If I were to adapt Mark Antony’s speech in William Shakespeare’s Julius Caesar: “The evil that men do lives after them; the good is oft interred with their bones”, in contest to the recently concluded ‘Iranshah Udwada Utsav’ I would state: “The controversial or provocative statements that some men make at community events lives long after the event concludes; the good is oft forgotten or interred as footnotes in the chronicles of history.
The ‘Utsav’ was a historic event – one of the largest congregations of Parsi Zoroastrians from all over the world. There was bonding, there was devotion, there was showcasing of talent, there was huge participation of our youth, there was learning, there was networking and much more! But, what has been talked about the most? Former Advocate General, Darius Khambata’s remark about the Zoroastrian religion being a Universal religion and some other un-orthodox views.
In my view, Darius, is not just a brilliant lawyer but, a man of courage harmonized with his gentle demeanor, integrity and above all else a good human-being with strong Zoroastrian values. He had a point of view and which he expressed without fear or favour. Yes, I would agree, that perhaps the time and place for expressing such views was inappropriate. This was not a World Zoroastrian Congress which is generally the platform for debating what many refer to as the ‘burning issues of the community”. This was a festive occasion – an ‘Utsav’ and that too in the Vatican city of the community. A degree of discretion would have been a better part of his known valour.
But, well, now that he has said what he has, have things changed overnight? Are the Agyaris open to all from now on? Let’s get real. Here is one man who has expressed his views and if I may add, at the risk of getting lynched by an enraged orthodox mob waiting in the wings.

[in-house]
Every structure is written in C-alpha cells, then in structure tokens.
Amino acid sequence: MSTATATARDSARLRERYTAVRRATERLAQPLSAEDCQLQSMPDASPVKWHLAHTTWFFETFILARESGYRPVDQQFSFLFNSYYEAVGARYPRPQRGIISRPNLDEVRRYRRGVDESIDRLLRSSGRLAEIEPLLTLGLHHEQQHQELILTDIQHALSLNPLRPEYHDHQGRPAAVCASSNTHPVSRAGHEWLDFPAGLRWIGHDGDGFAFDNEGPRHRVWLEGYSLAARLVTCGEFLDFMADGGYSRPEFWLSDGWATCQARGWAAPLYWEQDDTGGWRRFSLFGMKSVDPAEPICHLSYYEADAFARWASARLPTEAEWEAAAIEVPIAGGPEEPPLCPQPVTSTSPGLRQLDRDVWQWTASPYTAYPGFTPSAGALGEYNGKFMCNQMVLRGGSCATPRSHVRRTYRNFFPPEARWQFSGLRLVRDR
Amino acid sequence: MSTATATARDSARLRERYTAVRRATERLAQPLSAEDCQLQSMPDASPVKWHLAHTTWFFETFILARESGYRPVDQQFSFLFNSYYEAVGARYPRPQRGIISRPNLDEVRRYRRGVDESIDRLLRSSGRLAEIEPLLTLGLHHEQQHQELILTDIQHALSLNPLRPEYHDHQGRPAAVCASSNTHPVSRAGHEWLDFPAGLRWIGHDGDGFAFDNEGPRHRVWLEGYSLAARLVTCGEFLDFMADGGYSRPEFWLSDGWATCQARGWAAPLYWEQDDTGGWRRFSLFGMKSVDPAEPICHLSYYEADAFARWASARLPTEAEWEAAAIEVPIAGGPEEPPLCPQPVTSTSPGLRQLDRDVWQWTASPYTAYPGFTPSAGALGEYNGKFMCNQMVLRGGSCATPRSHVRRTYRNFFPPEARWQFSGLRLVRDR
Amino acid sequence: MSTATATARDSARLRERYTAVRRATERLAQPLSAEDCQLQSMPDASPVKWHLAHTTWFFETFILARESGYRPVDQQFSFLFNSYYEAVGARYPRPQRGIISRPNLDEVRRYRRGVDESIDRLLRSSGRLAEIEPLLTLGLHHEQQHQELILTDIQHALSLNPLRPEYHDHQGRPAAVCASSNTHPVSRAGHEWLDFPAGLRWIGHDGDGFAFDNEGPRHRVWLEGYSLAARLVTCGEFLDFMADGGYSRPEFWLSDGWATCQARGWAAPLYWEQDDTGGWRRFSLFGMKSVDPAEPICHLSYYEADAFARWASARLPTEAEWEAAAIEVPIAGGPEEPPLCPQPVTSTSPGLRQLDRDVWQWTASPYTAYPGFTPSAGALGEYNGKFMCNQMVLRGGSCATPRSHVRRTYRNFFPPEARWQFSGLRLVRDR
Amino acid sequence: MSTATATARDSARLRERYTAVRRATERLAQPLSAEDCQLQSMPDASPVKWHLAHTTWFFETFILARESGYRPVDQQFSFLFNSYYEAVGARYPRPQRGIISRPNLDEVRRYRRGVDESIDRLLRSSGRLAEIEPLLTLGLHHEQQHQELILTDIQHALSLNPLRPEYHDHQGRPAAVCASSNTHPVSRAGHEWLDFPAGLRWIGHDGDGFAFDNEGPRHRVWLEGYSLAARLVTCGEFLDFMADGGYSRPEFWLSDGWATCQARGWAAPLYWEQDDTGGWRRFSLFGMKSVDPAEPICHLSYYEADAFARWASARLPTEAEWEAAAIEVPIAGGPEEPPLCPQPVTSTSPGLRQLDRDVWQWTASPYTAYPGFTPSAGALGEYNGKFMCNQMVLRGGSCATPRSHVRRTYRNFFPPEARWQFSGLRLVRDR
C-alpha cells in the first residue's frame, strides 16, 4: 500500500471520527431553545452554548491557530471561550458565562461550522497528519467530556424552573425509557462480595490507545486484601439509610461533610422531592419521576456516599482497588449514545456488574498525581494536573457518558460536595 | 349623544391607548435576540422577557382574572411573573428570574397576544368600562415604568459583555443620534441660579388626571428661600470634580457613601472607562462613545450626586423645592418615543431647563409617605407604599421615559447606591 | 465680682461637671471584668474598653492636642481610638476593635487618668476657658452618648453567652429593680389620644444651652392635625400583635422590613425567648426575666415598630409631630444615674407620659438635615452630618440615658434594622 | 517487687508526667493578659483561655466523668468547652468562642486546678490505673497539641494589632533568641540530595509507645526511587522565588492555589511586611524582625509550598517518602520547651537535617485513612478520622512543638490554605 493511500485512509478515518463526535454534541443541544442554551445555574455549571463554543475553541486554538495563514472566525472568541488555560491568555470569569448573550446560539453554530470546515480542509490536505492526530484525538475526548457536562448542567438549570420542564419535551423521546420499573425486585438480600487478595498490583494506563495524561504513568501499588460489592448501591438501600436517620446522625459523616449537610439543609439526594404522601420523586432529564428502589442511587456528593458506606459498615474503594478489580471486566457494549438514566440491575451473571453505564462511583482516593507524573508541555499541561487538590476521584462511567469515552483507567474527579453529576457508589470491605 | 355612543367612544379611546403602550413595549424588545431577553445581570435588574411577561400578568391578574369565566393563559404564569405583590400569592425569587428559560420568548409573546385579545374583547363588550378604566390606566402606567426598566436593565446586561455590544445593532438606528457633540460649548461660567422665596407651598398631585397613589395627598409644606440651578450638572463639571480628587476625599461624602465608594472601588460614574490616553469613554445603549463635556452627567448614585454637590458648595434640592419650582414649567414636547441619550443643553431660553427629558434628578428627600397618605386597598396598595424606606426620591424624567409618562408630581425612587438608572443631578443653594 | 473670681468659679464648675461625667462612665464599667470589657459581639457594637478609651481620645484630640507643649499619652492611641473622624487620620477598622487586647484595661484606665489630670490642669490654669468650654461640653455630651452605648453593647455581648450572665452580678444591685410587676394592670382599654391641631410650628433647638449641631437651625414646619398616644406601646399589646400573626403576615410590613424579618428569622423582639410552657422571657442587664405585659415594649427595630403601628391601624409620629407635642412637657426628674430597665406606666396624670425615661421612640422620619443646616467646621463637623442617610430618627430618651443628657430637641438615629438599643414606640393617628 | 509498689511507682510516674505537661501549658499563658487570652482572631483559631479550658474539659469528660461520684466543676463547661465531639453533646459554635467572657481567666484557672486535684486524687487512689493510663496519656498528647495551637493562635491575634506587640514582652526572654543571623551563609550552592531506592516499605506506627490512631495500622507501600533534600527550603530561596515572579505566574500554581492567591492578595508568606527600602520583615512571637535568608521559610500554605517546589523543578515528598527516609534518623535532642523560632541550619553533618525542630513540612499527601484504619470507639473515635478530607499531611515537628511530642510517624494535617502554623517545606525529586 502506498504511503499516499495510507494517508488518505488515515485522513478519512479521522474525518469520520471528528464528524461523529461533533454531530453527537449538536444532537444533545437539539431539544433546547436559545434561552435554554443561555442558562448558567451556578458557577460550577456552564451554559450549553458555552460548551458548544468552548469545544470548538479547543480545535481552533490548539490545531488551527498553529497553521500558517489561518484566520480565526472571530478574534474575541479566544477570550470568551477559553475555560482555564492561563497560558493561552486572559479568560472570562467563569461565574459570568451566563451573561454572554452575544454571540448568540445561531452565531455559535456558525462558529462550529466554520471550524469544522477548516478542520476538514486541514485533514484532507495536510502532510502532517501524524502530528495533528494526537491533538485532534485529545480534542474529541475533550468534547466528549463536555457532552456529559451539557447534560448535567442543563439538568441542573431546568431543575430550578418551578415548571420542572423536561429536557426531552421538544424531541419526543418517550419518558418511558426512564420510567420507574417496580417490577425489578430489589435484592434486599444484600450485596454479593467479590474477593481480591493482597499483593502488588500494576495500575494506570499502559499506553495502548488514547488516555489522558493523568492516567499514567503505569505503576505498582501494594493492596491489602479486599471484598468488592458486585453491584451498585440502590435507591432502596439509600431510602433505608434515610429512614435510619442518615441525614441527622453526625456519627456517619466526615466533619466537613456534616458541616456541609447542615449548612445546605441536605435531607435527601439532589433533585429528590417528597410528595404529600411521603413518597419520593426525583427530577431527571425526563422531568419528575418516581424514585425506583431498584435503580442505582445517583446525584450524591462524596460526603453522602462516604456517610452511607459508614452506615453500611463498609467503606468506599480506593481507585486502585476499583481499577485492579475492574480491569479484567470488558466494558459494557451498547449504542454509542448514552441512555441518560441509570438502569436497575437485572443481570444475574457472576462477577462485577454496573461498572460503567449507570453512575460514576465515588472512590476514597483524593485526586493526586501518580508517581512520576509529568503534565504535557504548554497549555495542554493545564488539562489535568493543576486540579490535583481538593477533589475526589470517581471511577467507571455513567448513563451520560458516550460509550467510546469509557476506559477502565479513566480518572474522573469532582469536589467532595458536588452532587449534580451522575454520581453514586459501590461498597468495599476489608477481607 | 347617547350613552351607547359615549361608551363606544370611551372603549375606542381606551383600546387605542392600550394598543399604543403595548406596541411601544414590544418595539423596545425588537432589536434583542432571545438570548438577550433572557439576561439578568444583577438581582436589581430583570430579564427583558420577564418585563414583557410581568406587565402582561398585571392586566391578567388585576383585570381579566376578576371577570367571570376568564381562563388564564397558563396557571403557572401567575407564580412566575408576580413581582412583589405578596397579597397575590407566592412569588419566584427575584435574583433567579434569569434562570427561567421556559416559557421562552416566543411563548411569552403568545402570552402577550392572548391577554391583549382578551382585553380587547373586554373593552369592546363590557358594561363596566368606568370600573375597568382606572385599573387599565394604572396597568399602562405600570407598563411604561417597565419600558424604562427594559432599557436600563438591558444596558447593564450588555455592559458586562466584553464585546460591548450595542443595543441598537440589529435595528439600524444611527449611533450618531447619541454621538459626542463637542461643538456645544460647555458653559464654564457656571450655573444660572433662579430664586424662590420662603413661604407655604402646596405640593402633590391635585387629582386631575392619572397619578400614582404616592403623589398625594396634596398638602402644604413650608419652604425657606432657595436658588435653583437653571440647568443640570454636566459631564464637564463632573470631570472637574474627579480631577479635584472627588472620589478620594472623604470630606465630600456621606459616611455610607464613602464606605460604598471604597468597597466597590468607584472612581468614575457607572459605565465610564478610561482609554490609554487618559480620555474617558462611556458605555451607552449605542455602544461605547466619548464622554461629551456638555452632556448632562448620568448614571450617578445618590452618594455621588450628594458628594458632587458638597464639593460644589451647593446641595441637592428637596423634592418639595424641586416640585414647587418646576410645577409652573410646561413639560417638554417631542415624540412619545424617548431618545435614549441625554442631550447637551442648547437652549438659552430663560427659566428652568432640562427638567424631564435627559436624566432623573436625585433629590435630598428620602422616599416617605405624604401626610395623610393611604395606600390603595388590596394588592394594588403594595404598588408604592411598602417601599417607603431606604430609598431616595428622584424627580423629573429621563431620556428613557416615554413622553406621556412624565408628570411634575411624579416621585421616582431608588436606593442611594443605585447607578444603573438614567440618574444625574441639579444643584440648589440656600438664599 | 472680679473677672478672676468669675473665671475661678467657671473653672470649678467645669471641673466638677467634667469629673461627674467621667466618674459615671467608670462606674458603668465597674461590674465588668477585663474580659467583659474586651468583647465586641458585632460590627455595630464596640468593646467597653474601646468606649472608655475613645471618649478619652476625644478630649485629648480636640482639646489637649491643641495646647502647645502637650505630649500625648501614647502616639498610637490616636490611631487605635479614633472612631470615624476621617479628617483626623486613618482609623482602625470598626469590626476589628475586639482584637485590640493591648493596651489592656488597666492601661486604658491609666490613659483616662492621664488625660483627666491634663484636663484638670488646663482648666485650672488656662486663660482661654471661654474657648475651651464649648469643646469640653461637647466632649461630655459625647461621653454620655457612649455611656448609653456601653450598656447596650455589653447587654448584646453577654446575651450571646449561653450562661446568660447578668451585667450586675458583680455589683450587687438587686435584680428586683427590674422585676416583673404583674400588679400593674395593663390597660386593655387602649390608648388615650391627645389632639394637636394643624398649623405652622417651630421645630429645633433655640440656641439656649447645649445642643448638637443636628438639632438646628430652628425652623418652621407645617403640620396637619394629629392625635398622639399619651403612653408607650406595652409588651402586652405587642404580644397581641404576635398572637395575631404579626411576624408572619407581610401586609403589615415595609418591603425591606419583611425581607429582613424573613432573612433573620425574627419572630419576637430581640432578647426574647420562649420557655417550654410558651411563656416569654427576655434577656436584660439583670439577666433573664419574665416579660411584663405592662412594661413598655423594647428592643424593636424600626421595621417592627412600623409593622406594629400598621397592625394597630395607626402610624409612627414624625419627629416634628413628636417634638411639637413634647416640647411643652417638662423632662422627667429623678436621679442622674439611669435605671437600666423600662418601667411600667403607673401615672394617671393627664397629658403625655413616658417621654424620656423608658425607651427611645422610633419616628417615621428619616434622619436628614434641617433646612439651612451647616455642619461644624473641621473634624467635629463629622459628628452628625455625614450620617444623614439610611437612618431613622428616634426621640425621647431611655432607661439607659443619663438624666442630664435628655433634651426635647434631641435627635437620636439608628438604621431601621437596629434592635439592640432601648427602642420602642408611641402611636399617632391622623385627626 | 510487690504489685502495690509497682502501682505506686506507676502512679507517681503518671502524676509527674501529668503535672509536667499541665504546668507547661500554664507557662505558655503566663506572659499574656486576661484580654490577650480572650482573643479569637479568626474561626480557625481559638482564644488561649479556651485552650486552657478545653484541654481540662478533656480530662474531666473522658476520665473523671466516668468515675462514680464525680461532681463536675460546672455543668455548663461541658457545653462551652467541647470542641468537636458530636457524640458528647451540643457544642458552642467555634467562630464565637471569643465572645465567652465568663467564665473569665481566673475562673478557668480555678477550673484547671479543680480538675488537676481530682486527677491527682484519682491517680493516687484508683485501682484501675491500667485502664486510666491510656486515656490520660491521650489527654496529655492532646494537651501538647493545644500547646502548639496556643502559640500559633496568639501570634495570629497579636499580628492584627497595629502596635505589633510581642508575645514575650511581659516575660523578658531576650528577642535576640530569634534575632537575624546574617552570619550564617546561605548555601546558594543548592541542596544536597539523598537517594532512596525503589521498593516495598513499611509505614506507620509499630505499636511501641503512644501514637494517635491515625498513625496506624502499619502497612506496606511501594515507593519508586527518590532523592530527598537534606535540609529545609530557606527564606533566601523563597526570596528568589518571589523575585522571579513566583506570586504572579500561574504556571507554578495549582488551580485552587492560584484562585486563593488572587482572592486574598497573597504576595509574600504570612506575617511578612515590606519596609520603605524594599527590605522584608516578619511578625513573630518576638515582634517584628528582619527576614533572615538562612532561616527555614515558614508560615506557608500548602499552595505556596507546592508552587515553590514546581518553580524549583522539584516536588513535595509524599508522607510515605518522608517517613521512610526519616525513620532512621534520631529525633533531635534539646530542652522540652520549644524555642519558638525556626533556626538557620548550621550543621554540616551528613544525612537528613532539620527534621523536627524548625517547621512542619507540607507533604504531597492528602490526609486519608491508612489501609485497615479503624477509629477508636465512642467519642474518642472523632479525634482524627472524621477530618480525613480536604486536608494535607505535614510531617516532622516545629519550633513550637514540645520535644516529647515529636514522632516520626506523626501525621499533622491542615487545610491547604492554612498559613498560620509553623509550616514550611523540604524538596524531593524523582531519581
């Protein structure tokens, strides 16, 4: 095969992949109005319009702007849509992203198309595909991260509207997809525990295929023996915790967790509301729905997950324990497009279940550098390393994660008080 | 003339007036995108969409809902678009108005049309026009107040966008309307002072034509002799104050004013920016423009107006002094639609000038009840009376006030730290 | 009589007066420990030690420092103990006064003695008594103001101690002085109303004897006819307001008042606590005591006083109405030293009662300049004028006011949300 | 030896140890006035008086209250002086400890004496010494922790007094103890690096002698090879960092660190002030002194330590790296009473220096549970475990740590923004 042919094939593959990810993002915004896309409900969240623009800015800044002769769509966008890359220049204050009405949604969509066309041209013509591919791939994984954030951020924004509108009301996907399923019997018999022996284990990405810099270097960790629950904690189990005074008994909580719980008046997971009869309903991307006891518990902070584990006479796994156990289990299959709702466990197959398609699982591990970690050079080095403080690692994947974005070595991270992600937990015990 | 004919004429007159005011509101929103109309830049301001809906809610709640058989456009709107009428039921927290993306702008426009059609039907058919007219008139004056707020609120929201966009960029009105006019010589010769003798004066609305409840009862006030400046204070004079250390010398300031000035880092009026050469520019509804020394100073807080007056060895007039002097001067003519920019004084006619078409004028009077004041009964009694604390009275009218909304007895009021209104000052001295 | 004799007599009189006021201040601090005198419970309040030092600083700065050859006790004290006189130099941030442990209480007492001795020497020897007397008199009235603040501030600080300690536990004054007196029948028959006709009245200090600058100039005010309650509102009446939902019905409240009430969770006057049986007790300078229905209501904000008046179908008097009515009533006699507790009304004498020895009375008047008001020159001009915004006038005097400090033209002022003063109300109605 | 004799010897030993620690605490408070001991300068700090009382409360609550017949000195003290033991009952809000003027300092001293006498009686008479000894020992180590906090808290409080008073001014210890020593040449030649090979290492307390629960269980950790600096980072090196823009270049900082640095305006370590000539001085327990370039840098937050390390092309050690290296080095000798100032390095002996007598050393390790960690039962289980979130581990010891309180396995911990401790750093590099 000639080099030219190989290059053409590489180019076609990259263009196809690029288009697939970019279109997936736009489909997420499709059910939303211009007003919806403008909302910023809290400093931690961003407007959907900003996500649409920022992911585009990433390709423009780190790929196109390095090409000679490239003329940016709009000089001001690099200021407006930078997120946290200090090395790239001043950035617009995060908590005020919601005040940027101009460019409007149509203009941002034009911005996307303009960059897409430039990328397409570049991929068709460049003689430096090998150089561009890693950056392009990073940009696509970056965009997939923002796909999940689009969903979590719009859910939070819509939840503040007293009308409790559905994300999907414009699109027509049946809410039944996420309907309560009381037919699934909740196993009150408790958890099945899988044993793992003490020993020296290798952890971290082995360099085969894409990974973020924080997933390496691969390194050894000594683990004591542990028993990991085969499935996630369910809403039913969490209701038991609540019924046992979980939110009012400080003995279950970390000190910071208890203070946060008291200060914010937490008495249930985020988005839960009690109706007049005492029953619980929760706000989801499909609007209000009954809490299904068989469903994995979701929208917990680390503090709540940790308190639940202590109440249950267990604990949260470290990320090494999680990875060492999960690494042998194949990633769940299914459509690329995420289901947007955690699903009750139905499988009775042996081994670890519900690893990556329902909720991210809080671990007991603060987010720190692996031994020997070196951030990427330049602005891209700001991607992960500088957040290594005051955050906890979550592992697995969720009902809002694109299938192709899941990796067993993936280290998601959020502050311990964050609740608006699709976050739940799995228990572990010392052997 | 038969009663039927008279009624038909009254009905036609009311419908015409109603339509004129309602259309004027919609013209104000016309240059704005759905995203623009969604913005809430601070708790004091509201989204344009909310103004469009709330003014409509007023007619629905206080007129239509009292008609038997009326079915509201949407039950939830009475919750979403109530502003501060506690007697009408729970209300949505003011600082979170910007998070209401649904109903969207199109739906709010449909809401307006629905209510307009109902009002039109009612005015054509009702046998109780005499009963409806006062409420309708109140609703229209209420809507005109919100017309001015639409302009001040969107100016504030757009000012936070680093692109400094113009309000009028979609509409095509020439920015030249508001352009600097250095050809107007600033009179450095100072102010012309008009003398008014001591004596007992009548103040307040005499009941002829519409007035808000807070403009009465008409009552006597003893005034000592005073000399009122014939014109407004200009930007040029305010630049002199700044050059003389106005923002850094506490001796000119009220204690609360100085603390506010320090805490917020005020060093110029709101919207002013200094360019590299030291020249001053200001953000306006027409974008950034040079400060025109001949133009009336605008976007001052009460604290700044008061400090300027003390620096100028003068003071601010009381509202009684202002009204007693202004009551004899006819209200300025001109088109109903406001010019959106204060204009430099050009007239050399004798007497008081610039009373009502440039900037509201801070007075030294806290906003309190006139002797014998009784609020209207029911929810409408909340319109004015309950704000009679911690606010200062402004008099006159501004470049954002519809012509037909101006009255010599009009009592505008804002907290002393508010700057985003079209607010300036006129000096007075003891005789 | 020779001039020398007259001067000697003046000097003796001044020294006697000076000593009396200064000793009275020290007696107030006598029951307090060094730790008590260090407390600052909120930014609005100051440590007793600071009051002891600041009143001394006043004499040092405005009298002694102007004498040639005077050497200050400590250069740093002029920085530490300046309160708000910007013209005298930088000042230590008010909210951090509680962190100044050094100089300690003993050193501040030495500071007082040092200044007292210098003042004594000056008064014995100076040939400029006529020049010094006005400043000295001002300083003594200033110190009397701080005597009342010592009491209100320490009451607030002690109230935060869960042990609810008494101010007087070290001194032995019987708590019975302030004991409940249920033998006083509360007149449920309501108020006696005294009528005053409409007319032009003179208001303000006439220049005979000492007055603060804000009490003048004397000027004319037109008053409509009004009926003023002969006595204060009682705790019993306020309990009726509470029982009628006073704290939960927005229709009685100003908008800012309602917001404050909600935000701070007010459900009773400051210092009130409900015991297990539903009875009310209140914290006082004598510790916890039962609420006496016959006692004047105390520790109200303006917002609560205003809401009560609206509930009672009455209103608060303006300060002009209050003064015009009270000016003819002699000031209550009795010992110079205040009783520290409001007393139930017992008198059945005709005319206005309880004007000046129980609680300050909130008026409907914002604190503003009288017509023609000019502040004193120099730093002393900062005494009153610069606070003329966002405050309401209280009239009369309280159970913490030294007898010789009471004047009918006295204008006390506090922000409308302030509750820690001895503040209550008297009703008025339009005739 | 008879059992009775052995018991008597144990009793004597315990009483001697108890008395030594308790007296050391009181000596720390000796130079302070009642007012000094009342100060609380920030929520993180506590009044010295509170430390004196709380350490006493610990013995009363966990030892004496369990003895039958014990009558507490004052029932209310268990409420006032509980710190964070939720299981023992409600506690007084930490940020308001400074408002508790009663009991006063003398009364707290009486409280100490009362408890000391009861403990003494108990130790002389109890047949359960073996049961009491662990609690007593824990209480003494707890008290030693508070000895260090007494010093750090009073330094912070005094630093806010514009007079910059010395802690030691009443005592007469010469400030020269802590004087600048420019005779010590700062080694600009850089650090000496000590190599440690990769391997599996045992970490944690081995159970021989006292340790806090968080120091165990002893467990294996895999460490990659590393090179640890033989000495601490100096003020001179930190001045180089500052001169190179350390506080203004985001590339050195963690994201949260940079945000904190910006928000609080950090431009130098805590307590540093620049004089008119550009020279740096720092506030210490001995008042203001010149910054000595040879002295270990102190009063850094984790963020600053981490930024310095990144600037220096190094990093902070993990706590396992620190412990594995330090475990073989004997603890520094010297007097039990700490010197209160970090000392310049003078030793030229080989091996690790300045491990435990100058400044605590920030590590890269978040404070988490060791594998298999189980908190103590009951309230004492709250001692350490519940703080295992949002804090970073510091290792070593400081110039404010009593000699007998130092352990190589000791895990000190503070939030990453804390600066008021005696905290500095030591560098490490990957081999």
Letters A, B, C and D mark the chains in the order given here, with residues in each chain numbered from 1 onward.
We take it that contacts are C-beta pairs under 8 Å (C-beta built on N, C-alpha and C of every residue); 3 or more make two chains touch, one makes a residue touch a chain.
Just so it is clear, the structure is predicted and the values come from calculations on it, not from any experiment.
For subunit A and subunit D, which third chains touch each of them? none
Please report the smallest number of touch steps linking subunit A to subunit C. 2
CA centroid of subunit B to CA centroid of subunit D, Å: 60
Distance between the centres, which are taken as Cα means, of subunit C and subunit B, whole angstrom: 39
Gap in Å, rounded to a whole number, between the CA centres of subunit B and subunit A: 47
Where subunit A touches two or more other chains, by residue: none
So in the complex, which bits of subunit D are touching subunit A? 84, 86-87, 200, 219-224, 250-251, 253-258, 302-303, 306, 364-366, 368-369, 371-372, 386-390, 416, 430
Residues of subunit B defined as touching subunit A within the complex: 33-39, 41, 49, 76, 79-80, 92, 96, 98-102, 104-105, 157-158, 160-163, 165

Is Darius the first one to express such a view? NO! For almost a century not just leading lawyers but even High Priests like Dasturji Maneckji Dhalla have expressed similar views almost a century back. Have writings and such utterances at public platforms changed anything? NO! And, you may ask why? To put it in Late Dastur Dhalla’s evidence before the Bombay High Court, “the collective conscience of the community” is largely against reforms! Parsis are an ethno-religious community and their fervor to maintain their unique identity overrides all else.
Hence, in my humble opinion, let’s agree to disagree with Darius in an agreeable manner. Let’s not give one more reason to the media to fan the flames of a needless and mindless controversy. He has expressed a point of view – some applauded and some booed! Darius took both in his stride with dignity and grace.
What he has said is nothing new. Read the history of the community over the past one century and you will find that like in most communities we have an orthodox section and a liberal section. What divides both sections is simply belief in being either inclusive or exclusive. But, we forget that the common thread that binds both sections is Zoroastrian values of Truth, of Honesty, of Integrity and above all else, Charity – in thought, word and deed!
Let’s look for, appreciate, value and cherish all that binds us instead stretch, strain and waste ourselves on issues that divide us.
We are barely 70,000 of us left in India. Are we going to fade into oblivion fighting and arguing or living in harmony and finding solutions and common ground?
Noshir H. Dadrawala